Chief Medical Officer, Department of Health Dr Tony Holohan; ‘Worry Index’
Chief Medical Officer Dr Tony Holohan said new research shows that people are feeling less worried about Covid-19 and warned this may cause them to drop their guard.
It follows the reporting of an additional 252 cases of the disease but no further coronavirus-related deaths.
Dr Tony Holohan said the latest study by Amárach showed that the worry level has reduced and is now similar to levels last seen in July.
A third of those surveyed said they thought the worst is yet to come but 28% believed the worst was behind us – which the National Public Health Emergency Team considers “significant” he told a media briefing.
Dr Holohan said: “It’s not that we want people to be worried but we do think there is a correlation between people’s level of concern and ultimately the behaviours that people exhibit.
“It can lead us to drop our guard from time to time in ways that we may not intend to.”
"The risk to people in this country is not arising today from the numbers coming through Dublin Airport, it's arising through all the things that are going on in this country" @CMOIreland says, adding international travel is a bigger factor when local transmission is lower. pic.twitter.com/ihywTkrSYI
From top: Christmas homecoming, Dublin Airport, 2018; Dr Tony Holohan, Chief Medical Officer, Department of Health, at the Department of Health briefing in Miesian Plaza last night
Christmas homecomings around the country’s airports are now in doubt as chief medical officer Dr Tony Holohan warned the Covid-19 risks around international travel are still “very substantial” at this time.
Dr Holohan also cautioned parents about the risks of children from different families getting together for Halloween parties.
Asked about people travelling home for Christmas and families in different countries reuniting for the festive season, he said no specific consideration by his team has yet been given to it.
“Our advice is that the risk of non-essential travel outside this country is simply too high at this moment.”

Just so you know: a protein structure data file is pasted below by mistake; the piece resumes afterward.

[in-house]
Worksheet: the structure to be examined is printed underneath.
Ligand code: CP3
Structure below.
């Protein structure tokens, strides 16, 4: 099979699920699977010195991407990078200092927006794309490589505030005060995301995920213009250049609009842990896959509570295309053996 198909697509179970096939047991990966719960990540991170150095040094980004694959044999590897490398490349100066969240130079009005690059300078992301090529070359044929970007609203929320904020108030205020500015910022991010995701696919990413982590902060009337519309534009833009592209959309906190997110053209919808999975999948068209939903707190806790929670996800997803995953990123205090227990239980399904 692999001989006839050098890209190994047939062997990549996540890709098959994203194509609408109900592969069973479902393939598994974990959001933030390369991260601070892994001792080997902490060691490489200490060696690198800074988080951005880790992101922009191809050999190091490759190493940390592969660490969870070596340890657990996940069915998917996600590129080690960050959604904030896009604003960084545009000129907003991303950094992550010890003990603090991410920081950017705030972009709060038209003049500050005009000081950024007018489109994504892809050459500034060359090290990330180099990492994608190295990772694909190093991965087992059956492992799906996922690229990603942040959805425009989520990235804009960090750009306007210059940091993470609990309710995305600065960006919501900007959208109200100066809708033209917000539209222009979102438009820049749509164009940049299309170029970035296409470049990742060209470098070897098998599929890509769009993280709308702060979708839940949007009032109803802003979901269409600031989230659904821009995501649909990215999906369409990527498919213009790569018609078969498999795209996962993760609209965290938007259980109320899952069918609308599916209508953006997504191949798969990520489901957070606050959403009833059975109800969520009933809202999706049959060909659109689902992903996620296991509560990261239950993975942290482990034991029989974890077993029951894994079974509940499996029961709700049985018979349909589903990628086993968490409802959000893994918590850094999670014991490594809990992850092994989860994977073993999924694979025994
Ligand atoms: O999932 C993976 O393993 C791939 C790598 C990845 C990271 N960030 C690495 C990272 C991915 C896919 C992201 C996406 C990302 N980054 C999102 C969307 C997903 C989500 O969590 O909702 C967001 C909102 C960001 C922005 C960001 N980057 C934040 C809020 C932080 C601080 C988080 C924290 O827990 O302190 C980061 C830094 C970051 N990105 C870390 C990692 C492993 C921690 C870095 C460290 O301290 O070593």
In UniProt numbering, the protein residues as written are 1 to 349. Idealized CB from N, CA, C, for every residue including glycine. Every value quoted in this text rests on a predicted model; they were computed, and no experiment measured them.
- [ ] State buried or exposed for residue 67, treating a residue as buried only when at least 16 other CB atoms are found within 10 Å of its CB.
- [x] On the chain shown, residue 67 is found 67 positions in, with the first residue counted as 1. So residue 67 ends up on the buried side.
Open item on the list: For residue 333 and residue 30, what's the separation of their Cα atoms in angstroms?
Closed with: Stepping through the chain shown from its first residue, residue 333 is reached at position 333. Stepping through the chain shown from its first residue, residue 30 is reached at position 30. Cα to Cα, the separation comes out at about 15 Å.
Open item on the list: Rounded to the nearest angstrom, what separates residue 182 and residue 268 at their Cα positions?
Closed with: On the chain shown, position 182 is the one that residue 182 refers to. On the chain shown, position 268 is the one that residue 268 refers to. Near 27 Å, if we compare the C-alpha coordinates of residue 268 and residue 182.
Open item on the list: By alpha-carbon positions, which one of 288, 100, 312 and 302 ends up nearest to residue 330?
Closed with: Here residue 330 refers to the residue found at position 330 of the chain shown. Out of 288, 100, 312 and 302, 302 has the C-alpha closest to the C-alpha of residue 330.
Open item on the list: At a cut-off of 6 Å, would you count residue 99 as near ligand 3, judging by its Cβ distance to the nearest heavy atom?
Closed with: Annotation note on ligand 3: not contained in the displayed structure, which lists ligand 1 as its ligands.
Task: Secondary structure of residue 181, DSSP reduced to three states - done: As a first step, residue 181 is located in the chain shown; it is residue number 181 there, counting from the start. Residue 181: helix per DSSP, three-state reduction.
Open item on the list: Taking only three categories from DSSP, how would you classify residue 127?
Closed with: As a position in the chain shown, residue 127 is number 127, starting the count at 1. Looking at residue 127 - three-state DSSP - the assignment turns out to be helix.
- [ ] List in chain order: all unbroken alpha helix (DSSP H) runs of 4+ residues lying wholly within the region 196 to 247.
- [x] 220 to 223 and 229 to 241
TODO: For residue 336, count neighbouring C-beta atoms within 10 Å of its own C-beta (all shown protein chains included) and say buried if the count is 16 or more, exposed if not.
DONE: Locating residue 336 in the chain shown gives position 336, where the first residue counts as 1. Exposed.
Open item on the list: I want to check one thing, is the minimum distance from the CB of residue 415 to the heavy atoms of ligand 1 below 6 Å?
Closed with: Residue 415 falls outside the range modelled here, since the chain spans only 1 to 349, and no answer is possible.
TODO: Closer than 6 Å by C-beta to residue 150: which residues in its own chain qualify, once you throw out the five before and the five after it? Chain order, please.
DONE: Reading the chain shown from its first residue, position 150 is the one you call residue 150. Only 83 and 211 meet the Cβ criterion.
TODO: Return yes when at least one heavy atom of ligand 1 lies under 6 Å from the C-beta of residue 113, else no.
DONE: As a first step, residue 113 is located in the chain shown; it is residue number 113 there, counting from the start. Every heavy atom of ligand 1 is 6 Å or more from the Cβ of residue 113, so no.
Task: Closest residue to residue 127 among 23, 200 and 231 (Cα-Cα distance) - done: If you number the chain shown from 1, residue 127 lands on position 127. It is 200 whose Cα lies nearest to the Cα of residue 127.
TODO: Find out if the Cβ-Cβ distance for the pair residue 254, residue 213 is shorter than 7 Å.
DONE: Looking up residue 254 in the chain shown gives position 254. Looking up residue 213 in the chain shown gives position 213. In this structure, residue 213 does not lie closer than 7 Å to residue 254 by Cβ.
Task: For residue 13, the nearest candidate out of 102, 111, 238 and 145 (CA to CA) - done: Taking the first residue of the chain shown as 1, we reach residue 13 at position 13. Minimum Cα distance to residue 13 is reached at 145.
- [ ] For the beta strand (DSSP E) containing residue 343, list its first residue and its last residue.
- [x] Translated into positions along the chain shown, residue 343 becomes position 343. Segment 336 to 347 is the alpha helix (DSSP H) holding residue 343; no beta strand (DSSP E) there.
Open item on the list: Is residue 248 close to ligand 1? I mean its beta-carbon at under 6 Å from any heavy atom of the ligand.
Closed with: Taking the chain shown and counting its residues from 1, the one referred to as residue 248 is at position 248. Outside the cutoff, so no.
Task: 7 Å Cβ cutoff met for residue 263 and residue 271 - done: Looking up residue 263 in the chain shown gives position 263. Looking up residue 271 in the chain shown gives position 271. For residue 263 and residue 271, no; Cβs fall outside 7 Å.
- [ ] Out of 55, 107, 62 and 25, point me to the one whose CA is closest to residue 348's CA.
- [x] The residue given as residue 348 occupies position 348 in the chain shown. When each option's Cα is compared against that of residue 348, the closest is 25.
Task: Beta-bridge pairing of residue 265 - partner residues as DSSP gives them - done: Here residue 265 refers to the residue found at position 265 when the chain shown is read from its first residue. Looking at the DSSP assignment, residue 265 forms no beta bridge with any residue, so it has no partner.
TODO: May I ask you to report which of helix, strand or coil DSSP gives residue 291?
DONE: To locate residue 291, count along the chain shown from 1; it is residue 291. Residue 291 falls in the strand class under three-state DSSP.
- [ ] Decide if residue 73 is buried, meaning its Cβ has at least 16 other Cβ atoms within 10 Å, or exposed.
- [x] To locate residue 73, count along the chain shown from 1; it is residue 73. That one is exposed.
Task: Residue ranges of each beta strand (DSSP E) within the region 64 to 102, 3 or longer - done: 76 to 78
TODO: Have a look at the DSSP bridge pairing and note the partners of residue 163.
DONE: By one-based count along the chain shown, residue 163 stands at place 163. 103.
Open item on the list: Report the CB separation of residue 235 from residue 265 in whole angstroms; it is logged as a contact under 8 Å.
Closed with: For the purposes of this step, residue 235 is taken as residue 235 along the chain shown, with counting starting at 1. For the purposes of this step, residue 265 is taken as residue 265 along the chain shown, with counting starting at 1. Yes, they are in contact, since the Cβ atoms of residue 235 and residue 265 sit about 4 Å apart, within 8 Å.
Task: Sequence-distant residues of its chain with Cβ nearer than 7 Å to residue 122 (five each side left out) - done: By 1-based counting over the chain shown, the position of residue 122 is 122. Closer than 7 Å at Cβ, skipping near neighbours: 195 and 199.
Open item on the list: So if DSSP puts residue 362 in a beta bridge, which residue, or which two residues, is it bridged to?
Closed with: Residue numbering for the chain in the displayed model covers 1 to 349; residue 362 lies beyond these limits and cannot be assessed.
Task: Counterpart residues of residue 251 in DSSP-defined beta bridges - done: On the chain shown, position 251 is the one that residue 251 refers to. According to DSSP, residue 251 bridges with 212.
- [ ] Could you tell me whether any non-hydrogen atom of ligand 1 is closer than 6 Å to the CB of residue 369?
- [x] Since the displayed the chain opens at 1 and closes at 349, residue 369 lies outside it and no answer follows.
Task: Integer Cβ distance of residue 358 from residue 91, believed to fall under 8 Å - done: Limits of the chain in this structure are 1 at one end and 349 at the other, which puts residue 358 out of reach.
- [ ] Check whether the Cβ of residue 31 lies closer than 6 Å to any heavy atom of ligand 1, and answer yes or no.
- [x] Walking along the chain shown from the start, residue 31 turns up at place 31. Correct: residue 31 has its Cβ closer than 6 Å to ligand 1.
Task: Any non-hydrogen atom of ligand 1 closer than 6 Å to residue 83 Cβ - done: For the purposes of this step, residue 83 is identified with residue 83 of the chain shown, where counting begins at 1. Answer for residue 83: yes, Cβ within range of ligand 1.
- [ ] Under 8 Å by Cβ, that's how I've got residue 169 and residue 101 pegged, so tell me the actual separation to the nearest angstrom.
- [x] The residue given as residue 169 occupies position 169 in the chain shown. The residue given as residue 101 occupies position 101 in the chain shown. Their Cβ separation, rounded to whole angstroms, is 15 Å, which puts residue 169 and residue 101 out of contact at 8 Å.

From top: Minister for Health Stephen Donnelly; Chief Medical officer Dr Tony Holohan
Claims that Dr Tony Holohan, the Chief Medical Officer said he spoke to Minister for Health Stephen Donnelly both before and after NPHET met on Sunday, need to be addressed, say opposition TDs.
Dr Holohan said Minister Donnelly had been “clear about the level of concern that I would have, and had”.
Tanaiste leo Varadkar among others expressed surprise when NPHET’s Level 5 recommendation was leaked.
Sinn Féin’s health spokesperson claimed that the Health Minister “allowed the impression to be formed that NPHET went on a solo run”.
Social Democrats co-leader Róisín Shortall said: “I am calling on the Minister for Health, Stephen Donnelly TD, to make a full statement of what he was told on Sunday morning and evening and what he did with that information.
“The country was distracted by an unseemly row between the Government and NPHET at precisely the moment when all attention should.”
Labour leader Alan Kelly (above) reiterated the calls for a Dáil statement from the minister, saying Minister Donnelly “must clear up this latest controversy”.
Dr Tony Holohan, Chief Medical Officer, Department of Health, waves at Green Party Leader Eamon Ryan today before a discussion between NPHET and the leaders of the three government parties concerning recommendation that the entire country be placed under a nationwide Level 5 lockdown to ‘combat rising cases of Covid-19’.
Speaking on RTÉ’s The Week in Politics programme yesterday, before any mention of Level 5, Mr Ryan said he hoped Level 4 restrictions could be avoided in Dublin and in Donegal, both of which are currently at Level 3.
“What we’re seeking to do is not to eradicate the virus, I don’t think that’s a viable option but to stabilise it and I think, yes, there’s real concern when you look at other counties [case numbers are] rising very fast.”